1. Physicians discuss delivery reform at White House’s town-hall meeting

AMA physician leaders took part in a national discussion about opportunities and barriers for delivery system innovation during a June 6 meeting at the White House.

Speaking to the Obama administration’s interest in learning about delivery reforms that are working at the local level and identifying barriers to innovation, members of the AMA Innovators Committee talked about their work on specific payment and delivery innovations during the town-hall style meeting.

AMA leaders also discussed the organization’s commitment to delivery reform and raised issues that might prevent physicians from participating, including tight deadlines imposed by the Center for Medicare and Medicaid Innovation and the burdensome administrative requirements tied to the Medicare program.

Visit,129i6,2ke5,42yt,fpxx,fz6c,31o6 to read more in AMA Wire.

Visit,129i6,2ke5,8zw3,9004,fz6c,31o6 to access AMA resources to help physicians examine and implement innovations in their own practices, including a video on accountable care organizations and a “how-to” manual on new payment models.

2. Many doctors could face penalty in 2015 over Medicare quality reporting

Hundreds of thousands of physicians will see their Medicare payments reduced 1.5 percent in 2015 if early participation rates in the Medicare Physician Quality Reporting System (PQRS) are any indication.

The 2015 penalty will be assessed against physicians who do not fulfill the PQRS requirements next year. The Centers for Medicare & Medicaid Services (CMS) reports that 244,145 individual eligible professionals participated in the PQRS in 2010, only a fraction of the more than 1 million physicians and other professionals who were eligible to participate that year.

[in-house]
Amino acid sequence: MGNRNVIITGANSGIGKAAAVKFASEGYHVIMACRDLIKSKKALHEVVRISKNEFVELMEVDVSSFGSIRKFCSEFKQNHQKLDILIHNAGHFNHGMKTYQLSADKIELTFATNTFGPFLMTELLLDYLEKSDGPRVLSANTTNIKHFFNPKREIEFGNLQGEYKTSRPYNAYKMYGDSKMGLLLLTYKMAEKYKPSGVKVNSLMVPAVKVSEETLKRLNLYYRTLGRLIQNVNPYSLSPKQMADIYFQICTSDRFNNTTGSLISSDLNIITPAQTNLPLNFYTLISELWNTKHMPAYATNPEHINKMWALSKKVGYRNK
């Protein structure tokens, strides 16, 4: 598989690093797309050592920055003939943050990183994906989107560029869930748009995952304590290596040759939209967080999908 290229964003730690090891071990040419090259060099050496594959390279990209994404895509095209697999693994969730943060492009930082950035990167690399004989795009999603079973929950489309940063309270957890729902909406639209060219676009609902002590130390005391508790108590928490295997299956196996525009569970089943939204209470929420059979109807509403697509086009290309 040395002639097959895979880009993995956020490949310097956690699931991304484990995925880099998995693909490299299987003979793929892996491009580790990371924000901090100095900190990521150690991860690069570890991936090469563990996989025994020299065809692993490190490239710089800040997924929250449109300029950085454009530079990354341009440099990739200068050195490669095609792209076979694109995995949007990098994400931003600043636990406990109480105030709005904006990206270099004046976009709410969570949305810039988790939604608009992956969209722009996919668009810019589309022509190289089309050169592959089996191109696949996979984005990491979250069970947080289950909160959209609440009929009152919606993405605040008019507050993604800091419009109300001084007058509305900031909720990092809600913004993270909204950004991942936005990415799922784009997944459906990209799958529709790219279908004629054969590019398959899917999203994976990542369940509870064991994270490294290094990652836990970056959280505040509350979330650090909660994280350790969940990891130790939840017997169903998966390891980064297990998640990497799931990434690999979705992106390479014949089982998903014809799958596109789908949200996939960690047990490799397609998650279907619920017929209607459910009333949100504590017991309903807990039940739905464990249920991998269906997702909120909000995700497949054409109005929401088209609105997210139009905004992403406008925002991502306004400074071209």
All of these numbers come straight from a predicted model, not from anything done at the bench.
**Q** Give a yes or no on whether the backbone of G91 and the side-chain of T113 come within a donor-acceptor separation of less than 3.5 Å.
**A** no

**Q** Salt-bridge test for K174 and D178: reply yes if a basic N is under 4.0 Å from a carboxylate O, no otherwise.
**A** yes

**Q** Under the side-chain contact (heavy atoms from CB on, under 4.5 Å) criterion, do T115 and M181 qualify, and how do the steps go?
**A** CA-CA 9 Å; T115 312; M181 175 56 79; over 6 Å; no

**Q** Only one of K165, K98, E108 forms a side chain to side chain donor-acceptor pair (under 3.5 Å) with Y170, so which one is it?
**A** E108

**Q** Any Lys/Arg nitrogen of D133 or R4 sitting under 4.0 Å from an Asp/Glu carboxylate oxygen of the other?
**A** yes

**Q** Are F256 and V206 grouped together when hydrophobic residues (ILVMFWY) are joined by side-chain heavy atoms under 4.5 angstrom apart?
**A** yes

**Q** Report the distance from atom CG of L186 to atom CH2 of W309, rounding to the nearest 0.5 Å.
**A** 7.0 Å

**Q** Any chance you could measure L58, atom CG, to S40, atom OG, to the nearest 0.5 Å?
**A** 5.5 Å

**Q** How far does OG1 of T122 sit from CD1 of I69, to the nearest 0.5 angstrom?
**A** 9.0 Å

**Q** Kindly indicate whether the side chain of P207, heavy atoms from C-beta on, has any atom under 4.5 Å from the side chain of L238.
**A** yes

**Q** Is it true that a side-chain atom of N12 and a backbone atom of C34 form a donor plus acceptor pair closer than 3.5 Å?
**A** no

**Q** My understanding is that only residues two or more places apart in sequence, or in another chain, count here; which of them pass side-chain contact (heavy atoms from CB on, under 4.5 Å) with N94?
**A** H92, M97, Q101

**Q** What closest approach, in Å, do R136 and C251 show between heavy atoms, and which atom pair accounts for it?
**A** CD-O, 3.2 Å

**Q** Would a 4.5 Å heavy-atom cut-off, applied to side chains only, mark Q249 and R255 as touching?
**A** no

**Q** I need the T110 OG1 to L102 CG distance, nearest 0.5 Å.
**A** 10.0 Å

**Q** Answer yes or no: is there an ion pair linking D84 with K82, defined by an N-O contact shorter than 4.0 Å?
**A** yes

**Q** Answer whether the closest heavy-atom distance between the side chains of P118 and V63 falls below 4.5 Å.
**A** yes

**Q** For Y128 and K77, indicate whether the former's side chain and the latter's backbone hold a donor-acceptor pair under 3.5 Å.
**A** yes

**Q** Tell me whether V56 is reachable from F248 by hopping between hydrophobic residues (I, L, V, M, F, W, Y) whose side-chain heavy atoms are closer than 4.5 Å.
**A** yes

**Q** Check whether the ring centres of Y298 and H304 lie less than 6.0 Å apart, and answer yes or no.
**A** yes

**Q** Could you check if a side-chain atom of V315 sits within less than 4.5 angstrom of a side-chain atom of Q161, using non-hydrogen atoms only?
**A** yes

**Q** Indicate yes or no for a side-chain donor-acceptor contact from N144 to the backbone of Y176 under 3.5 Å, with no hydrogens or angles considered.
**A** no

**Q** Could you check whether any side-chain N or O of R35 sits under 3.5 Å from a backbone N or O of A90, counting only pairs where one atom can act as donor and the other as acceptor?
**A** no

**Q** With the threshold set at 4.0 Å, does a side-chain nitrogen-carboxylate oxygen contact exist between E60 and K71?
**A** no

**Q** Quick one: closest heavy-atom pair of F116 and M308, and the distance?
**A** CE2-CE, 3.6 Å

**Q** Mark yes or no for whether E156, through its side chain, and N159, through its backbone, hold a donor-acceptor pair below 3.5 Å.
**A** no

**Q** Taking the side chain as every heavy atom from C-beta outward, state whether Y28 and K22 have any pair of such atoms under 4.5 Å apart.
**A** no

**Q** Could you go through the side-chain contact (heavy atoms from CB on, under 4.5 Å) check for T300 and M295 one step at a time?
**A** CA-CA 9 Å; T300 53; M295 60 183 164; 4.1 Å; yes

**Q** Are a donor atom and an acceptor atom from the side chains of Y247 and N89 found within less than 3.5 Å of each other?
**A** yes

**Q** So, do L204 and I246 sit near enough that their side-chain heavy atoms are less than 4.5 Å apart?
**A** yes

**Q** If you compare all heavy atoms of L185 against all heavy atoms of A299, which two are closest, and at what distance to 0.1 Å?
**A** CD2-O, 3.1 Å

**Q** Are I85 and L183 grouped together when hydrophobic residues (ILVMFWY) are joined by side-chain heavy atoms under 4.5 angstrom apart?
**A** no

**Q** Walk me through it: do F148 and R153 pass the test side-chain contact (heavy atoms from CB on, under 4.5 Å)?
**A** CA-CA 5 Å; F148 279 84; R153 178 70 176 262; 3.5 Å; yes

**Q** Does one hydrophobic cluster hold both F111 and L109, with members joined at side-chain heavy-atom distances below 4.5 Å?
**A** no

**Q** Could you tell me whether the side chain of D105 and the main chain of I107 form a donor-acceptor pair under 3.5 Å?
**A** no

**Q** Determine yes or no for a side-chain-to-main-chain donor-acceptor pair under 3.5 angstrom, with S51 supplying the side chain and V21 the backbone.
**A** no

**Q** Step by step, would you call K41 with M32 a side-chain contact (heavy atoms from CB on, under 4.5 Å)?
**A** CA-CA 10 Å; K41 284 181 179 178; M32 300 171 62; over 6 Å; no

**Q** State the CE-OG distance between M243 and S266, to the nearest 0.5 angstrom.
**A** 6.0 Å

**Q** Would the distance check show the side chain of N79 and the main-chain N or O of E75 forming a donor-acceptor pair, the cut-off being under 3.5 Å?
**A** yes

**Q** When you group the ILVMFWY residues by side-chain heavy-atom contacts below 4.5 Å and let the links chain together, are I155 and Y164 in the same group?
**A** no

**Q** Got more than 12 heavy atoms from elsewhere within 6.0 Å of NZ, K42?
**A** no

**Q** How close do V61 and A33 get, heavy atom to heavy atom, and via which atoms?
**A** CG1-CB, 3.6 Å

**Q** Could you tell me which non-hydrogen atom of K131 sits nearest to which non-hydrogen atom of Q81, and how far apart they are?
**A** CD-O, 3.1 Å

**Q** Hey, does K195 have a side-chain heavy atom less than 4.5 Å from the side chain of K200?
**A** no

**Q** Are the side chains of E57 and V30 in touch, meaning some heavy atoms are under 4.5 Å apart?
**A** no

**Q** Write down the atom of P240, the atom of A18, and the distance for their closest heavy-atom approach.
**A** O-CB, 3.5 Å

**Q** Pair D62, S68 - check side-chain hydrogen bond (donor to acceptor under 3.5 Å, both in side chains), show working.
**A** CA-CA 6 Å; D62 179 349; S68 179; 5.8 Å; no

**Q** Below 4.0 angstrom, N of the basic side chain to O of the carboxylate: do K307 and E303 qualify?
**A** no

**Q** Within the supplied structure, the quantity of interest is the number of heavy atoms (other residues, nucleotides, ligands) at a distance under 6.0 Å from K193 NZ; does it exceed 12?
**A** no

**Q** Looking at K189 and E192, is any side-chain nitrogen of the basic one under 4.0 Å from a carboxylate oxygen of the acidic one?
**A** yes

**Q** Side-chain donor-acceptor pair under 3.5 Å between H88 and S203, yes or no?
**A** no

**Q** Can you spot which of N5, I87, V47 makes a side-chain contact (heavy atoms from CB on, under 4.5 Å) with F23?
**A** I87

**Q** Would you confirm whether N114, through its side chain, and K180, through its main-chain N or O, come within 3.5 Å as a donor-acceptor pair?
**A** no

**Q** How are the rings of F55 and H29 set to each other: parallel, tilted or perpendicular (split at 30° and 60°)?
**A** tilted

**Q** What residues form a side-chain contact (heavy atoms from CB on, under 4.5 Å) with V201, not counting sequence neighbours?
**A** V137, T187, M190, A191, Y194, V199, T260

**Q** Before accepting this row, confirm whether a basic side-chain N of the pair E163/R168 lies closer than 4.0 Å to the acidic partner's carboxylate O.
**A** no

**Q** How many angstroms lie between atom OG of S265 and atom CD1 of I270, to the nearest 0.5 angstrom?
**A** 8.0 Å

“CMS data show that many physicians are not yet participating in the PQRS program,” AMA President Peter W. Carmel told American Medical News. “A significant number of those who are trying have been unable to participate, showing that barriers to success still remain.”

Visit,129i6,2ke5,chj7,b6th,fz6c,31o6 to read more in AMA Wire.




3. Physician-led CO-OP in Connecticut receives federal funding

A newly formed consumer operated and oriented plan (CO-OP) in the Constitution State has been approved to apply for licensure as an insurer and build a health benefit plan starting next year.

HealthyCT, sponsored by the Connecticut State Medical Society (CSMS) and the CSMS-IPA, has received nearly $76 million in federal loans to fund start-up expenses and meet reserve fund thresholds for state licensing. Designed to improve quality, coordination and continuity of care for Connecticut patients, the CO-OP is a non-profit entity that will use any surplus funds to stabilize premiums and enhance health care quality.

“The physicians and consumers who believe that there is a better way to provide health insurance coverage to Connecticut patients are thrilled that we have cleared this major hurdle,” HealthyCT Board President David S. Katz, MD, said in a news release. “This affirms our conviction that taking on this challenge is the right thing to do for the citizens of Connecticut.”

Visit,129i6,2ke5,d4zu,kfsf,fz6c,31o6 to read more in a CSMS news release.

4. Emergency physicians aim to address ER overcrowding

The American College of Emergency Physicians (ACEP) is collaborating on a public health initiative to research and disseminate best practices for improving patient flow in emergency departments.

In joining Urgent Matters, a national initiative of the Center for Health Care Quality at the George Washington University Medical Center School of Public Health and Health Services, ACEP will provide emergency physicians with the education and tools they need to prevent overcrowding and address behavioral health and workforce issues.